Chicago is being sent about 150 agents by the Department of Homeland Security to combat violence in the city, much like the controversial deployment of federal force in Oregon. The agents are to help local police and other federal agencies, the Chicago Tribune reported. Other details, including who will supervise the force, were not released. President Trump had suggested he might send a federal force. Before the move was reported Monday, Chicago's mayor said she wasn't interested in his help, citing the events in Portland. "We don't need federal agents without any insignia taking people off the streets and holding them, I think, unlawfully," Mayor Lori Lightfoot said. She said she'd welcome federal help in the form of fully funding prosecutors, keeping guns out of the city, and boosting funding for the ATF in Chicago.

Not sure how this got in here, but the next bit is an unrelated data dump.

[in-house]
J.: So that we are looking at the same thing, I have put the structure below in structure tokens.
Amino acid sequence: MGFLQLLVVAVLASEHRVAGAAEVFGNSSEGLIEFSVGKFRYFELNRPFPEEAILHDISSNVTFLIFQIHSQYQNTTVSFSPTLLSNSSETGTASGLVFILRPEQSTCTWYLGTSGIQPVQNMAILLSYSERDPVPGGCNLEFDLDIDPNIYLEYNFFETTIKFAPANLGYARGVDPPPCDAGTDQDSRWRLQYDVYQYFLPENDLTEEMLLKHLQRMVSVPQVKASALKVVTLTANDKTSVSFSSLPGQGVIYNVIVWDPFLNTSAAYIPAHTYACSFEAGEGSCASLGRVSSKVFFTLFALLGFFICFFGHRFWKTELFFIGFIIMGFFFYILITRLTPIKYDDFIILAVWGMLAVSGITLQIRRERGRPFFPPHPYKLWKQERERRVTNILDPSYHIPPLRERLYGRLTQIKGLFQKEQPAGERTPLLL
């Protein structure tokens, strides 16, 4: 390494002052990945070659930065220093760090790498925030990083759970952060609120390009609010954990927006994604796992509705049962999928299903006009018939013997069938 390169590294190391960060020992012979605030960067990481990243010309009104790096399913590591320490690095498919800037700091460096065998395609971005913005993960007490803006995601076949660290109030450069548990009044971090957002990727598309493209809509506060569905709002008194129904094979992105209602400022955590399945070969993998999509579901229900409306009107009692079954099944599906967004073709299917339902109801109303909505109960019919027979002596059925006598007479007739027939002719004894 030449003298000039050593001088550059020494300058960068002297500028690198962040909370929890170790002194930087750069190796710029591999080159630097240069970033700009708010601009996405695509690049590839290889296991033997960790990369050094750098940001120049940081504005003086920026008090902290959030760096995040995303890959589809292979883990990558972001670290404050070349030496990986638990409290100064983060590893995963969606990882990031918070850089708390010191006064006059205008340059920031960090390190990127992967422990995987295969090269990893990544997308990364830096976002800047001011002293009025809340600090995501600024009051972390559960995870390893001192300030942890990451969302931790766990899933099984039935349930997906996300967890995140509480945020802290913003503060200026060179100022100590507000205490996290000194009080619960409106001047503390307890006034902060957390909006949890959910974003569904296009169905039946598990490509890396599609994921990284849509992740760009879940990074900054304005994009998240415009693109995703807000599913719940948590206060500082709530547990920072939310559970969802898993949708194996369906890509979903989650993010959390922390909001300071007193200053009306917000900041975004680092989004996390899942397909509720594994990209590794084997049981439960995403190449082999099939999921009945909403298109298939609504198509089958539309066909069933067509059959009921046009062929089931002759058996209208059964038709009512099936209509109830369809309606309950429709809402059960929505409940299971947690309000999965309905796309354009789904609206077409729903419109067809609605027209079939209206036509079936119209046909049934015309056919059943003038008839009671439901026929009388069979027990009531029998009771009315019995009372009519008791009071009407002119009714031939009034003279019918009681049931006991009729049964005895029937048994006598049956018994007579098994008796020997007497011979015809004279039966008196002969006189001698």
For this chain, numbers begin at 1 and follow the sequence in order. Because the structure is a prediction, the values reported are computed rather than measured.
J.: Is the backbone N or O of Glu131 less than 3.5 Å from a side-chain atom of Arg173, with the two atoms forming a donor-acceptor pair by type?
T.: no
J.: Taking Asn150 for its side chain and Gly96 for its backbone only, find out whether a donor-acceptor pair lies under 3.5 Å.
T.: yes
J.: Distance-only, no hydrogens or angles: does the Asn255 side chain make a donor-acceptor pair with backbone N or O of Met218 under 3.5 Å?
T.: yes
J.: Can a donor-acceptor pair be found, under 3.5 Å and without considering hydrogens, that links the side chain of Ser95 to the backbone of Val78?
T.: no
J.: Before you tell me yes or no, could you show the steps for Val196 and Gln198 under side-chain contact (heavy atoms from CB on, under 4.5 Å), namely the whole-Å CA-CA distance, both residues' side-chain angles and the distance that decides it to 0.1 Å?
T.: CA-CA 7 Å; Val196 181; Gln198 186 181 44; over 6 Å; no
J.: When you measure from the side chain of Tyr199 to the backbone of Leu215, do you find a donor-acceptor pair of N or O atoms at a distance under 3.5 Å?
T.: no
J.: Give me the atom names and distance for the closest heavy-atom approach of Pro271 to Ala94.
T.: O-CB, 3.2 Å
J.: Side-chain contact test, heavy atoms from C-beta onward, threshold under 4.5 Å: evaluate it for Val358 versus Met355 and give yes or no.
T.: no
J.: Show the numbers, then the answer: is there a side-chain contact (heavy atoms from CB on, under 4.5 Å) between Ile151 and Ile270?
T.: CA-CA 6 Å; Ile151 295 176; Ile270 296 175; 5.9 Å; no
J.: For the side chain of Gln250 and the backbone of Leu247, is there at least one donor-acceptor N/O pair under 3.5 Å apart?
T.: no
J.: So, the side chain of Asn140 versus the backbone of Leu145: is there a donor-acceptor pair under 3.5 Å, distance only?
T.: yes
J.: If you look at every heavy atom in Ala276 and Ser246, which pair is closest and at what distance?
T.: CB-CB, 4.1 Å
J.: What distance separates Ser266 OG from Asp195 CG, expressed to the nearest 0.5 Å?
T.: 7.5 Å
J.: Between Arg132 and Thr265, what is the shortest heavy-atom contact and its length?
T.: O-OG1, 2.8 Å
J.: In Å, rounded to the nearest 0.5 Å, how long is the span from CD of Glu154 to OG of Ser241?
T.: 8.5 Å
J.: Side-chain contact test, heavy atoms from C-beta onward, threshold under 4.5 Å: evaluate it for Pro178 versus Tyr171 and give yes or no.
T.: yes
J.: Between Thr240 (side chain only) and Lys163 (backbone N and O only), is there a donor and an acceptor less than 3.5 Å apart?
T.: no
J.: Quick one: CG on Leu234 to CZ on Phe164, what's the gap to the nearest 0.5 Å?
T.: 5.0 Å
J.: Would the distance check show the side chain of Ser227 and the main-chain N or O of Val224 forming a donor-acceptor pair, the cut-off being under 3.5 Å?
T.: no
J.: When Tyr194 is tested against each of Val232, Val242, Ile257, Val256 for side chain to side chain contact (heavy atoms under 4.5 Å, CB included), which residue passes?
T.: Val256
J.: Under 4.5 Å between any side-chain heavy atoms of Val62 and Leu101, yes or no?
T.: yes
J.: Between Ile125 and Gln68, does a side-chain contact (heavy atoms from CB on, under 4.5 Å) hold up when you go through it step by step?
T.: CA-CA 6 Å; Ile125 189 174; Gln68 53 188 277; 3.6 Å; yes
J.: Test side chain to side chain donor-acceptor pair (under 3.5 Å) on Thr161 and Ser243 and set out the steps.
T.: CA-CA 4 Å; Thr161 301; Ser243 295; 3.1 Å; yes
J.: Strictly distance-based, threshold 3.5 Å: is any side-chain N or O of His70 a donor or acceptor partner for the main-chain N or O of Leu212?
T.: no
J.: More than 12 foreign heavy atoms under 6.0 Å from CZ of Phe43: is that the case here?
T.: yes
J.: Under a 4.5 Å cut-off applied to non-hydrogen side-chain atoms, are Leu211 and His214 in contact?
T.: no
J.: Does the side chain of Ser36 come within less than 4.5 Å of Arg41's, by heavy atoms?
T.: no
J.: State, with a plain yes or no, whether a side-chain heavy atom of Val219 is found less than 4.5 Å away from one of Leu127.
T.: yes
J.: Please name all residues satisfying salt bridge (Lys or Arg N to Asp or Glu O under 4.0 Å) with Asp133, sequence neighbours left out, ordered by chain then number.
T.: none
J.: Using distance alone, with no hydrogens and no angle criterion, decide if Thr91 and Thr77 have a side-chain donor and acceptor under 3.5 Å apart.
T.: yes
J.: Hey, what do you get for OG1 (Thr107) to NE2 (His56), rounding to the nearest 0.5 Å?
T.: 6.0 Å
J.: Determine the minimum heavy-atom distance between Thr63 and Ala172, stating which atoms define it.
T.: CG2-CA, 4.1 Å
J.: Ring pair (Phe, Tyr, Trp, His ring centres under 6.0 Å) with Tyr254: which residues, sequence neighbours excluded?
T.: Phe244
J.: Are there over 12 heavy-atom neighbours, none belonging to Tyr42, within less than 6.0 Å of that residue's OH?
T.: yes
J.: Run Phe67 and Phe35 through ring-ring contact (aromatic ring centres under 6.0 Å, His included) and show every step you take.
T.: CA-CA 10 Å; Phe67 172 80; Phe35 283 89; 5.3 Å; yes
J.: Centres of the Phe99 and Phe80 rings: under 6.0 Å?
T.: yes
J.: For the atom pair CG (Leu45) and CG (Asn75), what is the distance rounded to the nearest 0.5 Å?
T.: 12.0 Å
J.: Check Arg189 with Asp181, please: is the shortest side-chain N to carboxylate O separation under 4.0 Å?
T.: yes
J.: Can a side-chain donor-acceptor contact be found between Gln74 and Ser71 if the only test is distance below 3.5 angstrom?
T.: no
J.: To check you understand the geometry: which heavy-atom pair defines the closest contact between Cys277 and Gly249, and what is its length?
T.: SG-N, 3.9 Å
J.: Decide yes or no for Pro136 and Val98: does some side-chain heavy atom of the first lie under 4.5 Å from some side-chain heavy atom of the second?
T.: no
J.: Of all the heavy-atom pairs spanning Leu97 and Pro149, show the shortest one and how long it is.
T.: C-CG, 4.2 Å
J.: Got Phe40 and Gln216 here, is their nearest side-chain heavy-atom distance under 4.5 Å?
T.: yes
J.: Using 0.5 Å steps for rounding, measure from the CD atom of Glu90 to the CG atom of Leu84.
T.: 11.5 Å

The ACLU immediately objected to the deployment. "Trump’s federal troops will not be a constructive force in Chicago," the organization said. "As our colleagues have seen in Portland, Trump's secret forces will terrorize communities, and create chaos. This is not law and order. This is an assault on the people of this country." A police union boss had written Trump on Saturday calling Lightfoot a failure and asking for federal help maintaining order. Over the weekend, police reported that at least 63 people were shot in Chicago, nine of them under 18. A dozen were killed, per WGN. Shootings and homicides are running more than 45% higher this year than last. "President Trump has said a lot of disparaging things about the city of Chicago," Lightfoot said last week, per the Hill, adding that if Trump "was really committed to helping us deal with our violence he would do some easy things." (Police and demonstrators clashed Friday in Chicago.)